Buddhism Day by Day February 24, 2015

Buddhism Day by Day
February 24, 2015

ACCORDING TO BUDDHISM, health is not a condition in which we merely escape negative influences. It is a highly positive, active state in which we hold ourselves responsible for such influences, in which we face and try to solve various problems — not just our own but others’ problems, too. The word disease implies a lack of ease, which conversely implies that health is a state of comfort. In the Buddhist sense, however, being “at ease” does not mean freedom from difficulties; it means having strength to meet and overcome any problems.

Wisdom for Modern Life
Daisaku Ikeda

Daily Encouragement
February 24, 2015

If we do not base our lives on the Law, we are not practicing Buddhism. The German writer Friedrich von Schiller writes, “The brave man thinks upon himself the last.” This is analogous to the spirit of not begrudging one’s life taught in the Lotus Sutra. This means treasuring the Law more highly than one’s life. The Law and kosen-rufu are central.

For Today & Tomorrow
Daisaku Ikeda

Daily Wisdom

From the Writings of Nichiren Daishonin
Tuesday, February 24, 2015

No matter how humble a person may be, if his wisdom is he least bit greater than yours, you should ask him about the meaning of the sutra. But the people in this evil age are so arrogant, prejudiced, and attached to fame and profit that they are afraid that, should they become the disciple of a humble person or try to learn something fro him, they will be looked down upon by others. They never rid themselves of this wrong attitude, so they seem to be destined for the evil paths.

(WND, 757)
The Fourteen Slanders
Written to the lay priest Matsuno Rokuro Saemon on December 9, 1276

*Light Of Fortune*
February 24, 2015

—————- ” The Record of the Orally Transmitted Teachings” ————–

To uphold the Lotus Sutra is the highest of all expressions of filial and supportive conduct. (OTT, 176)


UPHOLDING THE MYSTIC LAW enfolds our lives as those of our parents in limitless good fortune and benefit. It is the highest means of showing appreciation to our parents.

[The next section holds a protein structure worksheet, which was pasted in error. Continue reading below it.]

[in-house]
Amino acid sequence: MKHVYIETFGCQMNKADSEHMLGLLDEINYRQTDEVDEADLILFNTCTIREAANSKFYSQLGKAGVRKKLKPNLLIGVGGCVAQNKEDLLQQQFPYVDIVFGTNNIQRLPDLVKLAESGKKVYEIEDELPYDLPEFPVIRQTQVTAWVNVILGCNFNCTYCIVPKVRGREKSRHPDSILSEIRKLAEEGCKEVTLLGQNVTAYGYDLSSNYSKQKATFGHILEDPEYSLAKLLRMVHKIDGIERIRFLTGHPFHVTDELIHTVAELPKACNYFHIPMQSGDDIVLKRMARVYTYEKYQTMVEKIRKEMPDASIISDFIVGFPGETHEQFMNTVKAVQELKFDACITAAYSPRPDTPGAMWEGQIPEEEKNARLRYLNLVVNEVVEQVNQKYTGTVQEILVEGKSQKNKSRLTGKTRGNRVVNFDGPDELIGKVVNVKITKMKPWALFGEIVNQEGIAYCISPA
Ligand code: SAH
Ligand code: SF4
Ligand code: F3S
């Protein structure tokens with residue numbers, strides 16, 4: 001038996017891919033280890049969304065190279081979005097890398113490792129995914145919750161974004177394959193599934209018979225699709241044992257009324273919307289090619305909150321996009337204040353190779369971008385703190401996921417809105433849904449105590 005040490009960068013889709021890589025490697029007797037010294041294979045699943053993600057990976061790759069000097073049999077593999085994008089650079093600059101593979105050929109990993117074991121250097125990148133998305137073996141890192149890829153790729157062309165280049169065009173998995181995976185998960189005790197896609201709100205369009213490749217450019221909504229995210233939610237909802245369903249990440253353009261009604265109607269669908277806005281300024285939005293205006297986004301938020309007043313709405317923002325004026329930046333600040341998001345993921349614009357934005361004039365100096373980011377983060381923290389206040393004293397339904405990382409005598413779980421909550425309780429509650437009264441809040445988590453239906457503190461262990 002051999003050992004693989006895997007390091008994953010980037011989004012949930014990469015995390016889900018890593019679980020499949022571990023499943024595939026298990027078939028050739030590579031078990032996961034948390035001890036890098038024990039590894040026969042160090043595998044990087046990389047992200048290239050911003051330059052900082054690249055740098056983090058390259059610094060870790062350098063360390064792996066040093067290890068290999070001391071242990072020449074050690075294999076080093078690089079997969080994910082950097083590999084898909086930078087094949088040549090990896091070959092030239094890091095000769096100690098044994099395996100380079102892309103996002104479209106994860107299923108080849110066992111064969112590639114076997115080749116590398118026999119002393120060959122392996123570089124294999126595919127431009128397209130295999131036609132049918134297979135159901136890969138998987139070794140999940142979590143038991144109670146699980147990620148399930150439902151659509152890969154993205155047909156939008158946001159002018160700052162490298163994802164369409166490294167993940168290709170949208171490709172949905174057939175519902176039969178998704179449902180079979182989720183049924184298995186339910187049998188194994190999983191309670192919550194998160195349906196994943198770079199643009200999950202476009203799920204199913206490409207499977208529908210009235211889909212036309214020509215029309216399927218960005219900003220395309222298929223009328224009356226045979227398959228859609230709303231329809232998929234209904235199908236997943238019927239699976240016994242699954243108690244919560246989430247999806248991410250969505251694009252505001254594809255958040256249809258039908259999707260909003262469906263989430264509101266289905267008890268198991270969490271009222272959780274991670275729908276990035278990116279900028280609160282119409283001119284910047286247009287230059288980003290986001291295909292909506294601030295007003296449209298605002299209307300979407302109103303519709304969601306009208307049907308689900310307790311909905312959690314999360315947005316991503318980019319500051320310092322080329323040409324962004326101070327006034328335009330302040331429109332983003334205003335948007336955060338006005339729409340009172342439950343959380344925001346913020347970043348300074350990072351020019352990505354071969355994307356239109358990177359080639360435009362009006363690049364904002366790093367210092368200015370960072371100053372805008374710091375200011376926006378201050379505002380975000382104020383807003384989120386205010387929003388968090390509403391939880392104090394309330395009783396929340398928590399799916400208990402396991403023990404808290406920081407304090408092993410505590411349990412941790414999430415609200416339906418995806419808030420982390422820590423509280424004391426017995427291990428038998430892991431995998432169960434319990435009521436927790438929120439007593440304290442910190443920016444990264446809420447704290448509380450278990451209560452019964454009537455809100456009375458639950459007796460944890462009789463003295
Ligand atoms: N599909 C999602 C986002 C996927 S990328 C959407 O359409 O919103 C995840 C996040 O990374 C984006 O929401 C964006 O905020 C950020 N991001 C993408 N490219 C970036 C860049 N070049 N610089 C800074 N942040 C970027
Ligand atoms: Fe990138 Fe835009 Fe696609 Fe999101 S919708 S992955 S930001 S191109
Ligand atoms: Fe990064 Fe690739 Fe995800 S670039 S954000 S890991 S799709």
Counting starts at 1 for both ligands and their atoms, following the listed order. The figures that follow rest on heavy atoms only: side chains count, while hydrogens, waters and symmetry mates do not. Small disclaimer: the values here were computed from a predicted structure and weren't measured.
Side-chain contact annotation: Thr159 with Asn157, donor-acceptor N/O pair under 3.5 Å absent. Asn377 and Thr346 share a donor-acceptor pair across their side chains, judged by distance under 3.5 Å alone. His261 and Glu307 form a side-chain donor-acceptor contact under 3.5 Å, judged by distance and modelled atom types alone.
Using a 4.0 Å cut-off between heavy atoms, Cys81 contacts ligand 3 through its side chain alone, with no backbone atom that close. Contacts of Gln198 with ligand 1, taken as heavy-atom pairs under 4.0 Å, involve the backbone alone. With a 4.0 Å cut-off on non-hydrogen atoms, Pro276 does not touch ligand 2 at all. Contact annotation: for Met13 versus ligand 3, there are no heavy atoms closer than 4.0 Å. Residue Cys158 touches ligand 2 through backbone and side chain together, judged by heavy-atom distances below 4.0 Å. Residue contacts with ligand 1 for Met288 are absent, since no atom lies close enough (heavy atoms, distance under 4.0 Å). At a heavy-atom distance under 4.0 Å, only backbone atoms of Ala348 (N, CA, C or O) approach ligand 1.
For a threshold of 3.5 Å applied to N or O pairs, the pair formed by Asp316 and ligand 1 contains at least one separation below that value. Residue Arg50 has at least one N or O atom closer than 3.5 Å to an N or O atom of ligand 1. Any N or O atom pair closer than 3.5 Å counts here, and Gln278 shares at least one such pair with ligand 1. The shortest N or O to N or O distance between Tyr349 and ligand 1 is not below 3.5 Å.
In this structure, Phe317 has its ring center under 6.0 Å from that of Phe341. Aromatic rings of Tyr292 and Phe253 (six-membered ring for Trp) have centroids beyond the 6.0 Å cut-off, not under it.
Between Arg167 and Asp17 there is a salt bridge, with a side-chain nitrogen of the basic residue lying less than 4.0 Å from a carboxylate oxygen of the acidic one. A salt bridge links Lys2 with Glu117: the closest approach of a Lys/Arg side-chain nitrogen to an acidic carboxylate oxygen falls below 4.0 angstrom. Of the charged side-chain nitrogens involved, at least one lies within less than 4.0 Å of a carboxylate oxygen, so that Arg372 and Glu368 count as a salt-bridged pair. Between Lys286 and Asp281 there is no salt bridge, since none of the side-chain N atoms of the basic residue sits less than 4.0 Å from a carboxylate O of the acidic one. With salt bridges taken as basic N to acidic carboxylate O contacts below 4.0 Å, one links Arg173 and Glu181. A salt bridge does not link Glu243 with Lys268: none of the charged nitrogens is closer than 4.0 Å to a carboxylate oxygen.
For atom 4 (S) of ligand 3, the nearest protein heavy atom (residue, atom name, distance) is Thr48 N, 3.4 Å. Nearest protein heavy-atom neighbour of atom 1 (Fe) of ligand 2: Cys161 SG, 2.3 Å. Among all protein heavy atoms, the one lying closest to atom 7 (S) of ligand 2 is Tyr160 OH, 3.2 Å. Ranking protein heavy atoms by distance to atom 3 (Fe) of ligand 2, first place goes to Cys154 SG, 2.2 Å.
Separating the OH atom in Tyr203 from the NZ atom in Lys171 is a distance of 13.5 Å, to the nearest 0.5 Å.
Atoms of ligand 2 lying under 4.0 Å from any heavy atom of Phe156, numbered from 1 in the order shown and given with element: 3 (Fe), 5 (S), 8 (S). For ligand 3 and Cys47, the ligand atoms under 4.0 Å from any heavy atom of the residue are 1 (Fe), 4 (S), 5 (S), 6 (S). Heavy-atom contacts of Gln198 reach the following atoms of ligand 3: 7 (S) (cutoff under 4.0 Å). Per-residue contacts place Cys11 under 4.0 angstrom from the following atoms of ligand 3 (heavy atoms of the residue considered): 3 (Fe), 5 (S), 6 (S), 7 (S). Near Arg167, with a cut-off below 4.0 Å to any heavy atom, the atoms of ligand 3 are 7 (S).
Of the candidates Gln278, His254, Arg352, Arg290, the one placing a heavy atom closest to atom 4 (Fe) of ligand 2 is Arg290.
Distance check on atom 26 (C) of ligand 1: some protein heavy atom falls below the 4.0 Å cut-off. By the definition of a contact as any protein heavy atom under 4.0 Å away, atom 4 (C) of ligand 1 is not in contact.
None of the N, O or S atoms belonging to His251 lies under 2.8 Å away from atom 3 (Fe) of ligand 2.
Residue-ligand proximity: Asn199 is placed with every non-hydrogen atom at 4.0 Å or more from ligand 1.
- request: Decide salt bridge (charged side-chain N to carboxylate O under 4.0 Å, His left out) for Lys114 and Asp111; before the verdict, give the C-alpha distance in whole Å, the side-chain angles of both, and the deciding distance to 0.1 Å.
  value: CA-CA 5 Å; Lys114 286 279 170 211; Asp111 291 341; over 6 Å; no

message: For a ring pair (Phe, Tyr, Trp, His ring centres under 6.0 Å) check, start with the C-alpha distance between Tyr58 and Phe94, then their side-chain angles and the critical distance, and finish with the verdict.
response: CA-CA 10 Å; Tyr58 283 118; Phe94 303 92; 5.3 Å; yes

Even if your parents are not practicing Nichiren Buddhism, through the power of your prayer you will surely lead them to attain Buddhahood. In this way you will be able to fundamentally repay your debt of gratitude to them. And, for those of you who have lost a parent, chanting Nam-myoho-renge-kyo is the greatest way to offer prayers for their eternal happiness.

When our own life shines like the sun, we can illuminate not only our family, friends and those in our environment, but also society as a whole.

SGI youth, please be good to your parents and always have a warm smile for them!

*OTT. Refers to the Orally Transmitted Teachings*
“Light of Fortune” Chap-7, p. 158~159
Daisaku Ikeda

February 24, 2015

——————————— * A DEVOTED FEW* ——————————

In a chapter, the system of a devoted few refers to the district leaders uniting around their chapter chief, forming a nucleus for the growth of the whole chapter.
The system of a devoted few does not merely mean a small number. It is a formula by which capable leaders unite to organize and lead the entire membership, however large. Otherwise they become a mob.

Big business has also adopted the system of a devoted few. Qualified staff in the tip echelons of prosperous companies have the task of effectively directing all employees.

The force of Oda Nobunaga who won the battle of Okehazama relied on the system of a devoted few. Imagawa Yoshimoto’s men, though far greater in number, were just a loose, helter skelter gathering of various armies. If then or twenty excellent generals had untied to form a strong nucleus with Yoshimoto as their central figure, they could have directed those huge forces at will. The Imagawa armies were defeated, in part, because they lacked such unity.

*GM. Refers to Guidance Memo*
The World Tribune Press 1975
*Chapter One: Leaders
Daisaku Ikeda

*Guidance in1975, hold true today, in 2015*

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